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Mr. Gould of the Fellowship of Reconciliation sends Mrs. King a compilation of writings about and by Phan Thi Mai, a Vietnamese student who self-immolated on May 16, 1967 in an appeal to end the war in Vietnam. Mai "decided to burn herself to make her voice heard by the war."
Joe Cheru advises Dr. King to adopt a technique called "organized massive write-in." Using this method, he suggested that Dr. King could channel greater support from people who could not participate directly by being physically present for demonstrations.
In this report to the members of CORE, Mr. Robinson outlines the goals for acquiring new contributing associate members and keeping the members they have. It is also concerned with increasing the amount of the donations. The report specifically focuses on membership maintenance, recruitment, growth and the impact of holiday cards.
Dr. King responds to an invitation to speak in Copenhagen, Denmark at the request of the Student Association. He graciously turns down the invitation stating that he has made the "firm decision" to spend more time in the American South in order to focus on civil rights work.
This is a draft copy of Dr. King's speech on the Chicago Freedom Movement. The intention of this movement is to end slums in Chicago. Dr. King calls upon the poverty-stricken Negro, the middle class Negro, and the white community for assistance with this movement. Dr. King also states that years after the March on Washington, he has seen his dream turn into a nightmare due to the murders of civil rights activists.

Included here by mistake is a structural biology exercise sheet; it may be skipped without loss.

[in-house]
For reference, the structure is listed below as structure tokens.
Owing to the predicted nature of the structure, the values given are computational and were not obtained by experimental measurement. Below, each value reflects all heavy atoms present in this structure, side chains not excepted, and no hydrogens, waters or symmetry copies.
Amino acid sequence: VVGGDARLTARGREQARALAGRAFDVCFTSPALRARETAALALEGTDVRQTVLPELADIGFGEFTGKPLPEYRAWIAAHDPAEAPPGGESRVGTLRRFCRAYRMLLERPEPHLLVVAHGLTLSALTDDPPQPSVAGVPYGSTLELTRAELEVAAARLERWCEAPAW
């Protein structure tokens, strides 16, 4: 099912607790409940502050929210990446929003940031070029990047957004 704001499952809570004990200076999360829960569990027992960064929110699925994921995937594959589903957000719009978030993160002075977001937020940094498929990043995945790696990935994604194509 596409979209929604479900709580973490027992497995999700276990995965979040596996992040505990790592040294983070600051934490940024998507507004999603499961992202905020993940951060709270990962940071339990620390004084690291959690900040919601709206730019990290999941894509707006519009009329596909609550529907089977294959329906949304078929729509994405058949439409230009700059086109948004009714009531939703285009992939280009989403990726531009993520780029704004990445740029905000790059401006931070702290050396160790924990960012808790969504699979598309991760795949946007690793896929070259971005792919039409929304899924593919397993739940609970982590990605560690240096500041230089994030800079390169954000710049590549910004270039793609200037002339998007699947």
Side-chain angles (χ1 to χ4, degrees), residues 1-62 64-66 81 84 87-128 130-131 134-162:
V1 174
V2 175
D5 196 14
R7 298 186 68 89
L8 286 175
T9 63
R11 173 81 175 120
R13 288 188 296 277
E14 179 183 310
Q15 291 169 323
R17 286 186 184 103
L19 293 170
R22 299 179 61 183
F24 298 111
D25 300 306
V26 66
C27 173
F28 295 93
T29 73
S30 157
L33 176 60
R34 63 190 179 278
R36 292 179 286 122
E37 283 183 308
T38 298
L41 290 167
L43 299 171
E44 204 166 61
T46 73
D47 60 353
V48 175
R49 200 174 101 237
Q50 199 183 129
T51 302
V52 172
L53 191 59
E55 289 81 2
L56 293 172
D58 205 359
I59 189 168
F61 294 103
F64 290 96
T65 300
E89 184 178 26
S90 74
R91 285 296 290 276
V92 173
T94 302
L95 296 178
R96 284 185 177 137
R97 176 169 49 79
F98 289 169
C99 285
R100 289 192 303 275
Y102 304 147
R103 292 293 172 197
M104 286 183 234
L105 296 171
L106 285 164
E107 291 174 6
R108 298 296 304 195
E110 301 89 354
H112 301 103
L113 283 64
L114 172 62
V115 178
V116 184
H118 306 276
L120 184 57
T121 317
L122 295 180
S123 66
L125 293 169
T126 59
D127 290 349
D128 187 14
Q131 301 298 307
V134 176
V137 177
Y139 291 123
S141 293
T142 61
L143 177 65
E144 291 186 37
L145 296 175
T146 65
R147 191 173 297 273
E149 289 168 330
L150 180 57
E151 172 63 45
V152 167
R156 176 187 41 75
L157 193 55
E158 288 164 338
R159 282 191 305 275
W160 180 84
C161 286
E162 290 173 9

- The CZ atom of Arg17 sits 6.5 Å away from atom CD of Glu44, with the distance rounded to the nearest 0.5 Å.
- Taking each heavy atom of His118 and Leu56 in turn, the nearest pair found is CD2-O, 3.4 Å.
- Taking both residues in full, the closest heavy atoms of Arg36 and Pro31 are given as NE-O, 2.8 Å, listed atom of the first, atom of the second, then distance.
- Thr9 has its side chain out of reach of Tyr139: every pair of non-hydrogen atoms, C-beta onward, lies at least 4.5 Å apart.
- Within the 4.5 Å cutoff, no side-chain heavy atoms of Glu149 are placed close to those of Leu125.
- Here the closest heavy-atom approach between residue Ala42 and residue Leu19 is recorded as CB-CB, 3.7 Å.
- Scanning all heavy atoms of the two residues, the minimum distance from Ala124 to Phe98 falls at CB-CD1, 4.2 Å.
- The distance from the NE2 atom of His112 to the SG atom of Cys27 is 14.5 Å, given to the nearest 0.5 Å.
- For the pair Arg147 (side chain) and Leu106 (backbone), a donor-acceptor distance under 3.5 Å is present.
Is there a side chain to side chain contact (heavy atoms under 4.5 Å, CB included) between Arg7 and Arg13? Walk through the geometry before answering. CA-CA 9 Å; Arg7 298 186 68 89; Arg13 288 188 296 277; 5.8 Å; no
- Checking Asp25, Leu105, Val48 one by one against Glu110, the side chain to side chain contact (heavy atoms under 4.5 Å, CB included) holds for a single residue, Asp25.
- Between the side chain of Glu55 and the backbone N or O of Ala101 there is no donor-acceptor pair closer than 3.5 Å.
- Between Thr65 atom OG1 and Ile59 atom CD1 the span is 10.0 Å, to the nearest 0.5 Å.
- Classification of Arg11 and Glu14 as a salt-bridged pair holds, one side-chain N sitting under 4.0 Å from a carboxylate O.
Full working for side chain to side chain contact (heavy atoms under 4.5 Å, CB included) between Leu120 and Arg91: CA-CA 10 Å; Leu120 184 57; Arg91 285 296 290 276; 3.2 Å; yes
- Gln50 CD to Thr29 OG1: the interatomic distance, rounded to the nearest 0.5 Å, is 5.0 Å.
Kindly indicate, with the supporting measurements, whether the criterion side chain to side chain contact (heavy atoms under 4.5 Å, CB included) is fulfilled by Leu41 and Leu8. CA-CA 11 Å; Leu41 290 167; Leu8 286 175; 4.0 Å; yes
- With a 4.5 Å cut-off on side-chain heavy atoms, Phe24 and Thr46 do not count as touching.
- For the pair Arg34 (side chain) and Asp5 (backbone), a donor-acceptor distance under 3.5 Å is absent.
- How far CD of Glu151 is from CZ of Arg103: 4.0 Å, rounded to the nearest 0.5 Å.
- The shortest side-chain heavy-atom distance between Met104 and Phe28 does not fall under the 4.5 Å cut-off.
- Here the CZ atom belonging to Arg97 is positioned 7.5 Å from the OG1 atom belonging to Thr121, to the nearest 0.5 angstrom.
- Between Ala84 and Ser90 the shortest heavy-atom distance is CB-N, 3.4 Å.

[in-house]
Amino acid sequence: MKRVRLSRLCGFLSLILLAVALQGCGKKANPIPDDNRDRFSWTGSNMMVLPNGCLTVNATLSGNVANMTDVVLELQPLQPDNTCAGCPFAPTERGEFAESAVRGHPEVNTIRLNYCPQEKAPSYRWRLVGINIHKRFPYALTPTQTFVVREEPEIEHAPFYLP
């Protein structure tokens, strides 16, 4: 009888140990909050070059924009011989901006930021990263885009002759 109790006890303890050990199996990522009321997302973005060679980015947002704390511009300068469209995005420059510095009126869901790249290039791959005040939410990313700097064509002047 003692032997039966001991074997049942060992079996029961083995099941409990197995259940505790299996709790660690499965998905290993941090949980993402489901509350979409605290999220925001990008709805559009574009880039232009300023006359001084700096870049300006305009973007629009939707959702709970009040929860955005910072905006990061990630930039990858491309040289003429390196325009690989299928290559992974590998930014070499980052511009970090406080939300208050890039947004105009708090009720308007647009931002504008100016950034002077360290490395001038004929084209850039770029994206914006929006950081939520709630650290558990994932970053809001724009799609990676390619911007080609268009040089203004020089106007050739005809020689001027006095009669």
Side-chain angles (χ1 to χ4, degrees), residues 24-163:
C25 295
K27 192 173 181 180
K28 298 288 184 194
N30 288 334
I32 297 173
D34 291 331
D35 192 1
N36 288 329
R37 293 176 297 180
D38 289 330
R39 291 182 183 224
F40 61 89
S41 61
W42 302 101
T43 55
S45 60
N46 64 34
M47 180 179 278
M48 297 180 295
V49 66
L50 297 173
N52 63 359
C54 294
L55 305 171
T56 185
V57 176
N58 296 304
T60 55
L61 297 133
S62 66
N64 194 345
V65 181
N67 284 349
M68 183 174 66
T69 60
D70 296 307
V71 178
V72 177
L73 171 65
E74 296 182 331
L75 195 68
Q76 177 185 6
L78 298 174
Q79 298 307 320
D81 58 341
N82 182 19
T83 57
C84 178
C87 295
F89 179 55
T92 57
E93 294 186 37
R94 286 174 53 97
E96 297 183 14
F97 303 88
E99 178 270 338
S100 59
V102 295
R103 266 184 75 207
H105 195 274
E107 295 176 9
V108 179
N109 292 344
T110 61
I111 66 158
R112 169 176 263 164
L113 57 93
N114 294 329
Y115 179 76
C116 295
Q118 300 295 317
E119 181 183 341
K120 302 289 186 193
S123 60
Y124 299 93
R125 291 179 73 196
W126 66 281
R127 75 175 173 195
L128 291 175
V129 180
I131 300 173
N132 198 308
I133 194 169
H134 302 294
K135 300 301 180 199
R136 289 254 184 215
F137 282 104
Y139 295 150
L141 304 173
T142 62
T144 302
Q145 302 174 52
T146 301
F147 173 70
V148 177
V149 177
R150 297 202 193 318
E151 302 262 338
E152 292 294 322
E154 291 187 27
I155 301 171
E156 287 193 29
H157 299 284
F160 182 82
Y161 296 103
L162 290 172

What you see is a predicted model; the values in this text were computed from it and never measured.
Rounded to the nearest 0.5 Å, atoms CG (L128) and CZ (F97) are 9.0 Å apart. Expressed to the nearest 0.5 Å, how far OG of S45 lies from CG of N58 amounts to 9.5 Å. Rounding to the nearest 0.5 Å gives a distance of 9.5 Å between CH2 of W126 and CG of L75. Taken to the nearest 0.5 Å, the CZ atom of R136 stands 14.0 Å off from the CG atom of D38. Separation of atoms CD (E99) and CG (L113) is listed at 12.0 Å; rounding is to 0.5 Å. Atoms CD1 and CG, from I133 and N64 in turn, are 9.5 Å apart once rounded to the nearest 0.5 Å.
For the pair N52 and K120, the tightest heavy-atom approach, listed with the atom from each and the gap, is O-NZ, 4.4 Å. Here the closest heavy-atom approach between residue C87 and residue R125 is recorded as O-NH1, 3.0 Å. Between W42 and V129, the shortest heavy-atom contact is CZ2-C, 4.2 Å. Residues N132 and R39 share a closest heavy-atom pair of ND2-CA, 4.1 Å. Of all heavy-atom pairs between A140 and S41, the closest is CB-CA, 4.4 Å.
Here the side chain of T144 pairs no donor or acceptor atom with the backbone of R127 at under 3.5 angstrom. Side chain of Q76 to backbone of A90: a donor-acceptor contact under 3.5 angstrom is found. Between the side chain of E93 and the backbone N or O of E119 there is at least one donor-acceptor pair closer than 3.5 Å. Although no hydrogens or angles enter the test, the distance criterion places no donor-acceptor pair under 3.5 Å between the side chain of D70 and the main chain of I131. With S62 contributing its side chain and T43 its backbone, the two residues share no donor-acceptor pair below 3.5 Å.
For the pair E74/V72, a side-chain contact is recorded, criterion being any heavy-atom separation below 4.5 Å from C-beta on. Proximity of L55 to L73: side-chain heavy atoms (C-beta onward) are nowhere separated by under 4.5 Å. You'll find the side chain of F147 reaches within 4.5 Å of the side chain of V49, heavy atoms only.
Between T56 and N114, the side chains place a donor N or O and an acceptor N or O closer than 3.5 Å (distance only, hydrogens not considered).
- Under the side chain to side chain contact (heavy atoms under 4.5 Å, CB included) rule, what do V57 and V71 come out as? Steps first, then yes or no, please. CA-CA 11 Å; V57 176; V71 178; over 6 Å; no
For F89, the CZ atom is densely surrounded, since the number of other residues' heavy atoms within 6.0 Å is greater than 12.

This text of Dr. King's "Making the Best of a Bad Mess" sermon encourages the congregation at Ebenezer Baptist Church to remain faithful in times of destitution. He makes clear the point that happiness is not found, but is instead created.
The United Church of Canada expresses appreciation in honor of Dr. King's receipt of the Nobel Peace Prize. In addition, the author asks Dr. King to inaugurate a new series of lectureships to students for the Craddock Memorial Lectures.
This letter is from Daniel Glantz of Sweden. Glantz wrote the letter because he was ordered to do so by beings from outer space. According to Glantz the space beings look like angels and the angels would like to meet with Dr. King, whose mission they morally support. Glantz ends his letter by asking Dr. King if he recognizes the cosmic symbol, which is in the upper left-hand corner of the document and appears as a red circle with a white cross topped by a green triangle or pyramid.
A. Morsbach writes Dr. King regarding his tour to the Holy Land. Having years of experience with group travel, Morsbach informs Dr. King that he plans to check the background of Concreta Tours. He further suggests that King investigate Concreta Tours prior to concluding final travel arrangements.
In this sermon, Dr. King addresses the evil in the world and suggest to his congregation that they counter this by being strong and steadfast in the Lord. Dr. King also touches on the current issues in society and how to continue the use of nonviolence as means to for peace and social justice.
Dr. Martin Shepard, co-chairman of Citizens for Kennedy/Fullbright 1968, wrote this letter to Dr. King after reading the Dr. King felt Robert F. Kennedy would be the best Democratic Presidential nominee in 1968. Dr. Shepard writes that they "share the same feelings about President Johnsons and his insane war in Vietnam" and encourages Dr. King to read the enclosed pamphlet and join their efforts.